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Cardiovascular Devices For Hypertension: FDA Outlines Clinical Trial Tips

This article was originally published in The Gray Sheet

Executive Summary

FDA offers advice for designing clinical trials of cardiovascular devices to treat drug-resistant hypertension, as several major players look to stake a claim in the space.

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With the recent success of Ardian’s Symplicity Renal Denervation System, drug-resistant hypertension has emerged as something of a device market “gold rush.” Some observers estimate there are now as many as 40 companies developing various device-based therapies for resistant hypertension, including most of the big names in the cardiovascular device arena – Medtronic, St. Jude Medical, Boston Scientific, Johnson & Johnson, and Covidien PLC – along with a number of start-ups, all of which are racing to stake a claim in this highly promising market. Only time will tell which companies will be successful – even Medtronic, the first player, has yet to complete its sham-controlled US trial. But the technology’s early promise, along with the sheer size of the opportunity and the acute unmet need, clearly have peaked the interest of investors, manufacturers, and physicians alike, all of whom are chasing after what one participant has called “the next biggest thing in cardiology.”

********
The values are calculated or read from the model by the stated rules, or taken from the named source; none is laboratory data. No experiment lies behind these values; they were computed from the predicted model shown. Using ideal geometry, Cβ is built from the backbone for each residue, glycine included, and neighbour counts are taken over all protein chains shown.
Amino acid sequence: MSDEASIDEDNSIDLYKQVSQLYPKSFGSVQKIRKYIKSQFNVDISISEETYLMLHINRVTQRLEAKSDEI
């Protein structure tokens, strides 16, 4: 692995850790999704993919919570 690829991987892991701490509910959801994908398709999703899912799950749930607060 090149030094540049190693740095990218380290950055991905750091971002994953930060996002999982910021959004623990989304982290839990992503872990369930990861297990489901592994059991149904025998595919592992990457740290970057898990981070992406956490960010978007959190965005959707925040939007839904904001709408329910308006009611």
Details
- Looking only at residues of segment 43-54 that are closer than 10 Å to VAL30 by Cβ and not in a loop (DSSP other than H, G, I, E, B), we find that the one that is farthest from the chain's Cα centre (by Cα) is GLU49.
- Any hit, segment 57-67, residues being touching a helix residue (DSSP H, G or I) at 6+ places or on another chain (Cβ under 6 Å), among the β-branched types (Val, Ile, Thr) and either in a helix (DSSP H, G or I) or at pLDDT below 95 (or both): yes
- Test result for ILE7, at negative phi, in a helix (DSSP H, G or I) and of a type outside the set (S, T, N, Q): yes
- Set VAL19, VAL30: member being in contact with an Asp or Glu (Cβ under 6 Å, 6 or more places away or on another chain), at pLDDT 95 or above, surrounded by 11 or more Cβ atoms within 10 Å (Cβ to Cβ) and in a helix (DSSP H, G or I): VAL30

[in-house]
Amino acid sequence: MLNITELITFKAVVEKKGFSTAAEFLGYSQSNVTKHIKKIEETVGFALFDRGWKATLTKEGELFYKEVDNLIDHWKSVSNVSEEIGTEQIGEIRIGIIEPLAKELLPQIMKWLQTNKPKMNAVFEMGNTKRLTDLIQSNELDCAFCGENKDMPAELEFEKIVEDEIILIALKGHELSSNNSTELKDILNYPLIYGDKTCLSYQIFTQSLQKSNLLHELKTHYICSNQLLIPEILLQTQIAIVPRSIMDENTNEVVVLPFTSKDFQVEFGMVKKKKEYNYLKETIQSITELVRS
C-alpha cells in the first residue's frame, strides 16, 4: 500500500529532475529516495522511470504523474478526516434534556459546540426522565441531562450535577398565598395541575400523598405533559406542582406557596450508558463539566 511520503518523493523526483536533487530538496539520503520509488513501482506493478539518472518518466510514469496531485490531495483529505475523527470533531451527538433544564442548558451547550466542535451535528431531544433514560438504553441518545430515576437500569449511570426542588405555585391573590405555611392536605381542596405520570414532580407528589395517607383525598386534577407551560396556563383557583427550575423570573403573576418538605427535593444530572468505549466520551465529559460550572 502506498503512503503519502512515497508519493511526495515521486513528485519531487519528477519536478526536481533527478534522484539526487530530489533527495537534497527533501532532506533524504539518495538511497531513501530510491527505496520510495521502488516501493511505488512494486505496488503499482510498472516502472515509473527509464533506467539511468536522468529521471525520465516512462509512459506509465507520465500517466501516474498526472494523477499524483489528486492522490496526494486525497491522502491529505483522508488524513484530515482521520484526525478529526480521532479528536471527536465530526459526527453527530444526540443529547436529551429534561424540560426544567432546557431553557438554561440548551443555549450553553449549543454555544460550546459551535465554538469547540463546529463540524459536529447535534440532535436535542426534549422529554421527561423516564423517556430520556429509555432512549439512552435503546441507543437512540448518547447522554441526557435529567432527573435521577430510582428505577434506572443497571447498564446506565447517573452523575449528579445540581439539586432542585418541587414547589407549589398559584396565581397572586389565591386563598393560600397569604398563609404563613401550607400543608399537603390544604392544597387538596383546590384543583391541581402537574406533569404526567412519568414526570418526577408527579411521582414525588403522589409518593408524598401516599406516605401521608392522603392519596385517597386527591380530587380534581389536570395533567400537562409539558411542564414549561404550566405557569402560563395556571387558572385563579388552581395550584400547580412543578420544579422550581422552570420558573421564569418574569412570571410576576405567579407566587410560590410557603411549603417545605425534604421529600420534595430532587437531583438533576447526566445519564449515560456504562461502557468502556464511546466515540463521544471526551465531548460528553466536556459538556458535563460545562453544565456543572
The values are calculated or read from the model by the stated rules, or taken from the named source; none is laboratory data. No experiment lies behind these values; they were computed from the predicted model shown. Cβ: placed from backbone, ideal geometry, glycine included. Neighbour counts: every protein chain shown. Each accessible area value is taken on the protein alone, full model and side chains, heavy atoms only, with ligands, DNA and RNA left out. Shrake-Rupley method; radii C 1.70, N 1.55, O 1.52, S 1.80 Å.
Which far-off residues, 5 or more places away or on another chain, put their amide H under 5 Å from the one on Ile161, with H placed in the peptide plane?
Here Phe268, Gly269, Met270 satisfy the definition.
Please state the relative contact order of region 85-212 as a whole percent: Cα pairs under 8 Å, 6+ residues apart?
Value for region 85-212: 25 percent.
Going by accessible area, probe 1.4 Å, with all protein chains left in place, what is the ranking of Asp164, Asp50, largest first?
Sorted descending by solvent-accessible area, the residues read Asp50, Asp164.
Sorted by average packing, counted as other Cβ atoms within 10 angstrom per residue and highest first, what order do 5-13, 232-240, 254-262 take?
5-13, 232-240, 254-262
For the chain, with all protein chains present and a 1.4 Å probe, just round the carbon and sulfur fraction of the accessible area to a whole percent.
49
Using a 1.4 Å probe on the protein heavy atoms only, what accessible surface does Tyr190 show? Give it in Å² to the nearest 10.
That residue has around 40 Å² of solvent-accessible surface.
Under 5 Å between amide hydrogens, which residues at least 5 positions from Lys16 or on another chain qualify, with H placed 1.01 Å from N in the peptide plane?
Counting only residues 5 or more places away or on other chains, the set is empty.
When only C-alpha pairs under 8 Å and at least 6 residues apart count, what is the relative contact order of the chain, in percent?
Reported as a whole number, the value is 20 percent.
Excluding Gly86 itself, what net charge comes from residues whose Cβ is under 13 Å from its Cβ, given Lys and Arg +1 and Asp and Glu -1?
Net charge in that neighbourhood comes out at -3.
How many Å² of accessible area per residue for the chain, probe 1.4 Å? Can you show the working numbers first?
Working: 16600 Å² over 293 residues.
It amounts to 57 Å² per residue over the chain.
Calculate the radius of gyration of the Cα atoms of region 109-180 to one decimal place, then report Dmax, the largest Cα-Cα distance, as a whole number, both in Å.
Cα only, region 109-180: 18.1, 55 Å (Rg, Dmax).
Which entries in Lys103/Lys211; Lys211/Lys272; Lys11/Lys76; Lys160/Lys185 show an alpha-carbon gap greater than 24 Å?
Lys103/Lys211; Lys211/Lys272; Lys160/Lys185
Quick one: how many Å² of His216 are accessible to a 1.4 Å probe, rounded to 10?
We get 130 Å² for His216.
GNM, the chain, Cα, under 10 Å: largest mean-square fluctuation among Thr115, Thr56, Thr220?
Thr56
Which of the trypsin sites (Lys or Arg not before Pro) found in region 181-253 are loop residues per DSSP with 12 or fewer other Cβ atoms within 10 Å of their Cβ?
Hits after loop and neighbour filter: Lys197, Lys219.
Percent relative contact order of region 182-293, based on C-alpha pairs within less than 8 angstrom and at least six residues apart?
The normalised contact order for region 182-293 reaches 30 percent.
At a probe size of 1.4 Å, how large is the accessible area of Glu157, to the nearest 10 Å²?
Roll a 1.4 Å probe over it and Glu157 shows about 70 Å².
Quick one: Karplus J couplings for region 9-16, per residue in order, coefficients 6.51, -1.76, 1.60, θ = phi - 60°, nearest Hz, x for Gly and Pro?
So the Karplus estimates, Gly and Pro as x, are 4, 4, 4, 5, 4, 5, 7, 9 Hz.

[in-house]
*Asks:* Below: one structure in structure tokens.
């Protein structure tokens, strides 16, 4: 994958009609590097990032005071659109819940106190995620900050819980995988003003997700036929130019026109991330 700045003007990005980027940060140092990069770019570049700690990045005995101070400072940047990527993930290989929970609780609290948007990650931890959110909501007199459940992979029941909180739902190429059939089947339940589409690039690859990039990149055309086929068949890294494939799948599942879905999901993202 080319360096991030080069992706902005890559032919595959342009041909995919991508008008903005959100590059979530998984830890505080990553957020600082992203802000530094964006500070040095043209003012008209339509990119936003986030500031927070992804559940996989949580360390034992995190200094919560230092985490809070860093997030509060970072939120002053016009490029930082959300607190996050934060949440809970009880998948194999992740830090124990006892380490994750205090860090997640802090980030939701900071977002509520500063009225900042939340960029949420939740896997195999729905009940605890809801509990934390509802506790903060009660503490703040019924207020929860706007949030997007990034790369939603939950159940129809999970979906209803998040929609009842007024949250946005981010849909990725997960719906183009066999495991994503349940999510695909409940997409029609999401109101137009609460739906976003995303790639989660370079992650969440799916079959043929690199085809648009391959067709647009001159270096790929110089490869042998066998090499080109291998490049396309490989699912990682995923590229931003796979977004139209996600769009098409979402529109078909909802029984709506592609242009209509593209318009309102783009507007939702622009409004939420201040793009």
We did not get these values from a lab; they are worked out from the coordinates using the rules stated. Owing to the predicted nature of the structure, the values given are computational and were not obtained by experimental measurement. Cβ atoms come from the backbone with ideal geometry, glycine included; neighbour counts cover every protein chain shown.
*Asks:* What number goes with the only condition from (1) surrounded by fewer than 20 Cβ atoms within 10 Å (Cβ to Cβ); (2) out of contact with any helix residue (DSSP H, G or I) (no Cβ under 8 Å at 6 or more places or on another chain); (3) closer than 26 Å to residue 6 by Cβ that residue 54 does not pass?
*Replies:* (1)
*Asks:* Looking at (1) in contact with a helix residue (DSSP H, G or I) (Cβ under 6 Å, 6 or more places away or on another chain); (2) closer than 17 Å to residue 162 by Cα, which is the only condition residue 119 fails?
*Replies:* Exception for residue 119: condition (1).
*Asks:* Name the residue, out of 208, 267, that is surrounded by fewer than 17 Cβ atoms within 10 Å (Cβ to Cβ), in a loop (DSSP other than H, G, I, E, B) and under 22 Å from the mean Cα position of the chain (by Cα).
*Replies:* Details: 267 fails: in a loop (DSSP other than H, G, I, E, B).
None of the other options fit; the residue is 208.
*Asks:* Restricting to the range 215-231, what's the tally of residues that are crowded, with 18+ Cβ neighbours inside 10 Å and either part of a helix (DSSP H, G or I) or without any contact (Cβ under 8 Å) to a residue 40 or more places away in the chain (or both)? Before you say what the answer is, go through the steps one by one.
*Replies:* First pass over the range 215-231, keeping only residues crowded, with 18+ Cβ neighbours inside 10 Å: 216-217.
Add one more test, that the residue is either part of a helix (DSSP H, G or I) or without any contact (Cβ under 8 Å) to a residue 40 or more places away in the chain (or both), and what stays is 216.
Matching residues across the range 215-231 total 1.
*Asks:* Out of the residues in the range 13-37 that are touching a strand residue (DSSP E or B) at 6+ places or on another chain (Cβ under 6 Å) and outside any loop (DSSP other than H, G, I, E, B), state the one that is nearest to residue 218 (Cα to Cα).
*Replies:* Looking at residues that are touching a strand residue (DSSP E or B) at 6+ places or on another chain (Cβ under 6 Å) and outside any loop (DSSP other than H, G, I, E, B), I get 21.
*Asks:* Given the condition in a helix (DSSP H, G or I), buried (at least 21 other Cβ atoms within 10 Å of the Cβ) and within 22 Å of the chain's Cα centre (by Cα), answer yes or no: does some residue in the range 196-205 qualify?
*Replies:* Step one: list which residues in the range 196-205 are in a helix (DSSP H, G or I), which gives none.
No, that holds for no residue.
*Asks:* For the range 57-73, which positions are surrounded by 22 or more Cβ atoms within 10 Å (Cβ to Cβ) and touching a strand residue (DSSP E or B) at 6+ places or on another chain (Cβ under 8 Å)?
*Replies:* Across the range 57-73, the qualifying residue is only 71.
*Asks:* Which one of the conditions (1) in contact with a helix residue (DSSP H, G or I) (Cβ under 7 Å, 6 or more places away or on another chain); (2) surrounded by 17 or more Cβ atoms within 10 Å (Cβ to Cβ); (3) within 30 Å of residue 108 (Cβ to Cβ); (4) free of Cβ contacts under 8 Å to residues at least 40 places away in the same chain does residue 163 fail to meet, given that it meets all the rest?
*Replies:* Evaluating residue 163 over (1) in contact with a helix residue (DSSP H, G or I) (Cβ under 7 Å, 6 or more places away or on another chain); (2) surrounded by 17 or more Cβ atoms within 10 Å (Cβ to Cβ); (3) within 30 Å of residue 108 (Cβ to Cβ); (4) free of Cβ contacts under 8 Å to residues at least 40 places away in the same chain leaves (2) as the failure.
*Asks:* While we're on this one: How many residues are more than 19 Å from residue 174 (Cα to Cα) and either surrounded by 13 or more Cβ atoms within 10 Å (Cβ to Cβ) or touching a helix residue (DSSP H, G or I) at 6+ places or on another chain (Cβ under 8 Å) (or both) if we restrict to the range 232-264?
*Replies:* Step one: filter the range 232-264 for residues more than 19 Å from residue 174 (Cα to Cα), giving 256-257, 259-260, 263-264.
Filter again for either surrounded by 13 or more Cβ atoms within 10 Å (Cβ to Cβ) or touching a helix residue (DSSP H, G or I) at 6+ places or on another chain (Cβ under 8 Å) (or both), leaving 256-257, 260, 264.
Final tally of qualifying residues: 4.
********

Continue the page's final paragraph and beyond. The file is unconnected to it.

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Potential growth drivers identified by the firm during its April 19 first-quarter earnings call include the Ingenio family of pacemakers and BSX-manufactured Promus Element everolimus-eluting stent system.

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